World War II
The injuries which Nicholas Morant received from his grizzly bear encounter in 1939 meant that he was no longer fit for active duty in the War. Instead, Morant was loaned by Canadian Pacific to the Department of Information in Ottawa as a wartime photographer for the Canadian government. Morant filled this role for four years between 1940 and 1944, during which time he photographed a diverse range of individuals and scenes related to the war effort in Canada.
Many of Morant's images at this time were of munitions workers and factories where war materials (tanks, shells, warship components, etc.) were being produced. These images were often included in Canadian newspapers, magazines and posters during this period to encourage Canadians to fill jobs in factories or to otherwise help with the war effort.
Click images to zoom:
"Typical Newfie village" photograph by Nicholas Morant (front and back), 1943. Whyte Museum of the Canadian Rockies, Nicholas Morant fonds (V500/II/C/5/PA-635).
Click images to zoom:
"Baptism of Fire", ca. 1940 - ca. 1944. Whyte Museum of the Canadian Rockies, Nicholas Morant fonds (V500/I/C1/120/PA-1).
Nicholas Morant (third left) dodging a tank after taking a photograph (ca. 1940 - ca. 1944). Whyte Museum of the Canadian Rockies, Nicholas Morant fonds (V500/II/C/5/PA-615).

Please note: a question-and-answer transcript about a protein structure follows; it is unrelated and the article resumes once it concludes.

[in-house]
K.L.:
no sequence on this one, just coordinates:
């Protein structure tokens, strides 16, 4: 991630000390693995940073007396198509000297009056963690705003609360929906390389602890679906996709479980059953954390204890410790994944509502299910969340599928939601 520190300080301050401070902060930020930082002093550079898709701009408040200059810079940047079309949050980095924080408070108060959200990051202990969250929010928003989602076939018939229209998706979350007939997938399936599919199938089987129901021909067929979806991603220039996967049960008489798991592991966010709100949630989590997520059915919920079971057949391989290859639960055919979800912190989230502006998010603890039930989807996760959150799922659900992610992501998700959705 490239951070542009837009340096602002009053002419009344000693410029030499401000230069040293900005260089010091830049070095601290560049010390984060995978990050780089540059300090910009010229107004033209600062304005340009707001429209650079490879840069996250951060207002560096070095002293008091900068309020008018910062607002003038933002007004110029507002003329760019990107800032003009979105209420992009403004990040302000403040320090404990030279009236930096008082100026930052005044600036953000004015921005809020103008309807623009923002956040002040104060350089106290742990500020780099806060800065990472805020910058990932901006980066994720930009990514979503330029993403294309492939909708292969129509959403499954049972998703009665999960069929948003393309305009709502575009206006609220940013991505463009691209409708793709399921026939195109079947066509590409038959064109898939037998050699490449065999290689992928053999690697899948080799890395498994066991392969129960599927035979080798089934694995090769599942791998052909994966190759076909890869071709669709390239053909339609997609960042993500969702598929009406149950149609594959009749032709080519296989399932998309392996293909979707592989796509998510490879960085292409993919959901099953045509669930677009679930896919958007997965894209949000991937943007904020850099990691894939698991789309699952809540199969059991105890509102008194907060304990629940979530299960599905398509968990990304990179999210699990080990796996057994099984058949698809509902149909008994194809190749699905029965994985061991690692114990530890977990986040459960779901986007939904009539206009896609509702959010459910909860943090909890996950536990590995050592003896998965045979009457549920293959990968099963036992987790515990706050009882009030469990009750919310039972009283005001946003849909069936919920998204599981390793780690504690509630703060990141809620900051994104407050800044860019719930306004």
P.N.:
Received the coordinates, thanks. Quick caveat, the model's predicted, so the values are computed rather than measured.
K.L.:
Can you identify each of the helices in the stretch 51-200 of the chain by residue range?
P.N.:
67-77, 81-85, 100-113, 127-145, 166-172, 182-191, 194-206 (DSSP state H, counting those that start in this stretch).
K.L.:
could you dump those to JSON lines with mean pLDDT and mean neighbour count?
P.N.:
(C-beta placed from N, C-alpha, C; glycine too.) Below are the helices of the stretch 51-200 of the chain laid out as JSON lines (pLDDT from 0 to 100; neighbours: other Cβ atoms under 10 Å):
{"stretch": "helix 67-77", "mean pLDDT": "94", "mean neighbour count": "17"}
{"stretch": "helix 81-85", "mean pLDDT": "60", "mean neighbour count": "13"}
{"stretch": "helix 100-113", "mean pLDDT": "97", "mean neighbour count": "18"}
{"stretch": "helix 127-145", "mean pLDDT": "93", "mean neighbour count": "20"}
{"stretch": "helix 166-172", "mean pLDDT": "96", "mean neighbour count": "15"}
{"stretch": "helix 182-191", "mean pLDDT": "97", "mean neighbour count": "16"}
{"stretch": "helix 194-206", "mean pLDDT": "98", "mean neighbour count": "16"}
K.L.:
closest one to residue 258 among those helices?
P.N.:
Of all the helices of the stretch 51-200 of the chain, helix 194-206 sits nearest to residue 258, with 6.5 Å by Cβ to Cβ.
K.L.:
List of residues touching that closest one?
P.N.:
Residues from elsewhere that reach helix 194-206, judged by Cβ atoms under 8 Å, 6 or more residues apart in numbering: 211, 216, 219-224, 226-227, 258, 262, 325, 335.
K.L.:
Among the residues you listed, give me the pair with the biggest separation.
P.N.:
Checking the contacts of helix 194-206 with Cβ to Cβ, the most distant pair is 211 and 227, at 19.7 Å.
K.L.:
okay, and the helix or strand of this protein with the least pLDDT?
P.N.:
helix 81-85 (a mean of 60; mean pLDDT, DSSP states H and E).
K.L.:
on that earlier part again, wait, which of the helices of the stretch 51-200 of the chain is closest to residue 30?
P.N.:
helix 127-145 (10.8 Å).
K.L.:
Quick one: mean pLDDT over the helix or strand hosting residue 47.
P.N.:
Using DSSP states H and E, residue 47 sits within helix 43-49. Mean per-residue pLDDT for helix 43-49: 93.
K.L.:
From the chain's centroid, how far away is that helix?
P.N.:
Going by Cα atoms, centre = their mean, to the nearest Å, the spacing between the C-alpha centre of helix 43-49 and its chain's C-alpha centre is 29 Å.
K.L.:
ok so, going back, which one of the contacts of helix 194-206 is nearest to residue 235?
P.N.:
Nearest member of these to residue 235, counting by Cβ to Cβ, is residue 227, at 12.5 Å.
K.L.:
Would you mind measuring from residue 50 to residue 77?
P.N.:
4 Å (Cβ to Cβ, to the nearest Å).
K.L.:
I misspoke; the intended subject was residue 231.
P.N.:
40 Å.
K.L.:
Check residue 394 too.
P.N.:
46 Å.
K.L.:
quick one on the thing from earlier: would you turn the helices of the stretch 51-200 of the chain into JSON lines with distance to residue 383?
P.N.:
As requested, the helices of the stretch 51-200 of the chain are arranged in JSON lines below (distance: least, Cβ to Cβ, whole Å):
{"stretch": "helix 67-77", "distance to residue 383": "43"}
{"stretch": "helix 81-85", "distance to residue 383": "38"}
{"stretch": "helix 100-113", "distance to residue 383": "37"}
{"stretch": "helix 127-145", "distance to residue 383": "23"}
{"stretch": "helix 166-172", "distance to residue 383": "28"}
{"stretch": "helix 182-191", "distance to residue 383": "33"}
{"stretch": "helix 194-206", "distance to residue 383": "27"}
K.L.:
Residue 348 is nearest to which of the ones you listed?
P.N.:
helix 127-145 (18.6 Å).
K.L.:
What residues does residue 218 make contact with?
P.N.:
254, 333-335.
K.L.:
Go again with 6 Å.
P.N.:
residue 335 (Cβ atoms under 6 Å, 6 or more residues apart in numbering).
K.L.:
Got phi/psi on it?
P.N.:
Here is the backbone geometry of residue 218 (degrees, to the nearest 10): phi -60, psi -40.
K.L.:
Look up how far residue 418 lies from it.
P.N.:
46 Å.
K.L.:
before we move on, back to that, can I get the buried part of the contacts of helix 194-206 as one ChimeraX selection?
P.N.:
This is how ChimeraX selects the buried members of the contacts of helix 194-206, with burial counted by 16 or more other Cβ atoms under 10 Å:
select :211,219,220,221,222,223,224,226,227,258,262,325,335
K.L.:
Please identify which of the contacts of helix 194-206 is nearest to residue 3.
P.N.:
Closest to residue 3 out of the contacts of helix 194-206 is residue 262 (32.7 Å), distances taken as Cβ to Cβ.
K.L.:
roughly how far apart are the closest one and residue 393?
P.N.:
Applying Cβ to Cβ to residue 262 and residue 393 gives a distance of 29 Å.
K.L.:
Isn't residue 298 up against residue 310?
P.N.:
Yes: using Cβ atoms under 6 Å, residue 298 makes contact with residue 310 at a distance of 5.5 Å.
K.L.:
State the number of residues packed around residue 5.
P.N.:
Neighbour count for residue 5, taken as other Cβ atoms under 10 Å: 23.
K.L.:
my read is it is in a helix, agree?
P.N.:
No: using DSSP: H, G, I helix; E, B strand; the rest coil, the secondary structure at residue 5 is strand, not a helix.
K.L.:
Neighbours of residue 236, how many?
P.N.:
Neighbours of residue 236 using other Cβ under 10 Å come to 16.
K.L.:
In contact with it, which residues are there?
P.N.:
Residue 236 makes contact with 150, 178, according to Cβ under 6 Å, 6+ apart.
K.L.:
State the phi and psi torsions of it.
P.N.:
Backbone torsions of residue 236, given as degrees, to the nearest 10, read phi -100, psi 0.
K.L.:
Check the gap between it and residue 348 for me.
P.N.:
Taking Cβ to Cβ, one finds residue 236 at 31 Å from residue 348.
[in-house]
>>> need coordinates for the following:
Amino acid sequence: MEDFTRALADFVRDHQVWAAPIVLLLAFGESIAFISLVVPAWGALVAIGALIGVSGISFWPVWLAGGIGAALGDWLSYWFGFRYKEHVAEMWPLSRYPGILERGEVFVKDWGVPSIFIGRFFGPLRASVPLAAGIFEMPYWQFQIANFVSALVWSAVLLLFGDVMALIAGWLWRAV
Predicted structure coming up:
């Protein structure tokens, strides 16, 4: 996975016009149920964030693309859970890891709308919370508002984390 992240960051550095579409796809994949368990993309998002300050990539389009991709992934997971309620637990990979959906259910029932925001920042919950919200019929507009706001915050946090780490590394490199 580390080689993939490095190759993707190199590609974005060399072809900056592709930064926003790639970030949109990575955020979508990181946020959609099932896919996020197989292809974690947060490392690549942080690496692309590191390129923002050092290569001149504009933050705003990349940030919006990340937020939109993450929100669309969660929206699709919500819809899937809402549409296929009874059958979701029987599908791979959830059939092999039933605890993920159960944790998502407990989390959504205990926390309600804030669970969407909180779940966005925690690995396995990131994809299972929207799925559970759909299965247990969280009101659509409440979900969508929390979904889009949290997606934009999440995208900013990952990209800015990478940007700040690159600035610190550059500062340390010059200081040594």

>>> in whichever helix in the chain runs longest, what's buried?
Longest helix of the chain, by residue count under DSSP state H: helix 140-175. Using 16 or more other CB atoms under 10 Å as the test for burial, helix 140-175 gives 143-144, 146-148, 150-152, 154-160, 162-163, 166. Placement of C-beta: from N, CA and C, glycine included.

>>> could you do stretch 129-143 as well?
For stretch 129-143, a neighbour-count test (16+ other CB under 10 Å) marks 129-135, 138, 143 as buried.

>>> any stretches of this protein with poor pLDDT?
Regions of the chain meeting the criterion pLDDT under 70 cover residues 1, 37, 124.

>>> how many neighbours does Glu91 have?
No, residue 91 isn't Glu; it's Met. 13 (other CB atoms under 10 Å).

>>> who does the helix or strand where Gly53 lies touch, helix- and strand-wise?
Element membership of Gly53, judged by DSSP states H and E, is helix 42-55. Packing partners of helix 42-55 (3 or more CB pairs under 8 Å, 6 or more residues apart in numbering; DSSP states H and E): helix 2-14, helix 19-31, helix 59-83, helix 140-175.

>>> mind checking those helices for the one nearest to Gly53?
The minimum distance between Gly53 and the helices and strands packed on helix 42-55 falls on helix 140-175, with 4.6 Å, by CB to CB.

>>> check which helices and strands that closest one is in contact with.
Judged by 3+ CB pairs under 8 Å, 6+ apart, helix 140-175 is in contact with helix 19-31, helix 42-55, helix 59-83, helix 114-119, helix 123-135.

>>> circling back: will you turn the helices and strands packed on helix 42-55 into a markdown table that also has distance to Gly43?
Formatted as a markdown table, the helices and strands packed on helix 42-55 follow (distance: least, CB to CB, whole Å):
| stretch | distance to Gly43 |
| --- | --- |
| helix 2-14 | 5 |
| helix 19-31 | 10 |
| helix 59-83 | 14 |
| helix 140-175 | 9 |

Wartime factory workers (ca. 1940 - ca. 1944). Whyte Museum of the Canadian Rockies, Nicholas Morant fonds (V500/I/C1/1/PA-24).
Coastal view of war plane (ca. 1940 - ca. 1944). Whyte Museum of the Canadian Rockies, Nicholas Morant fonds (V500/I/C1/83/PA-8).
Some of Nick's wartime images also depicted "action shots" of soldiers which were taken in a military training camp. This location provided the Canadian government with controlled promotional and educational images of the war without the risk which could arise when taking photographs on the real war front in Europe.
Morant spent some of his time living in Ottawa and Montreal during this period, although he also travelled along the eastern coast of Canada for many of his wartime photographs. After reaching the end of his contract in 1944, Nick returned to his role as Canadian Pacific's Special Photographer, which he would fill for the following 37 years.
Read more about Nicholas Morant in the digital exhibit, Nicholas Morant: Canadian Pacific's Special Photographer.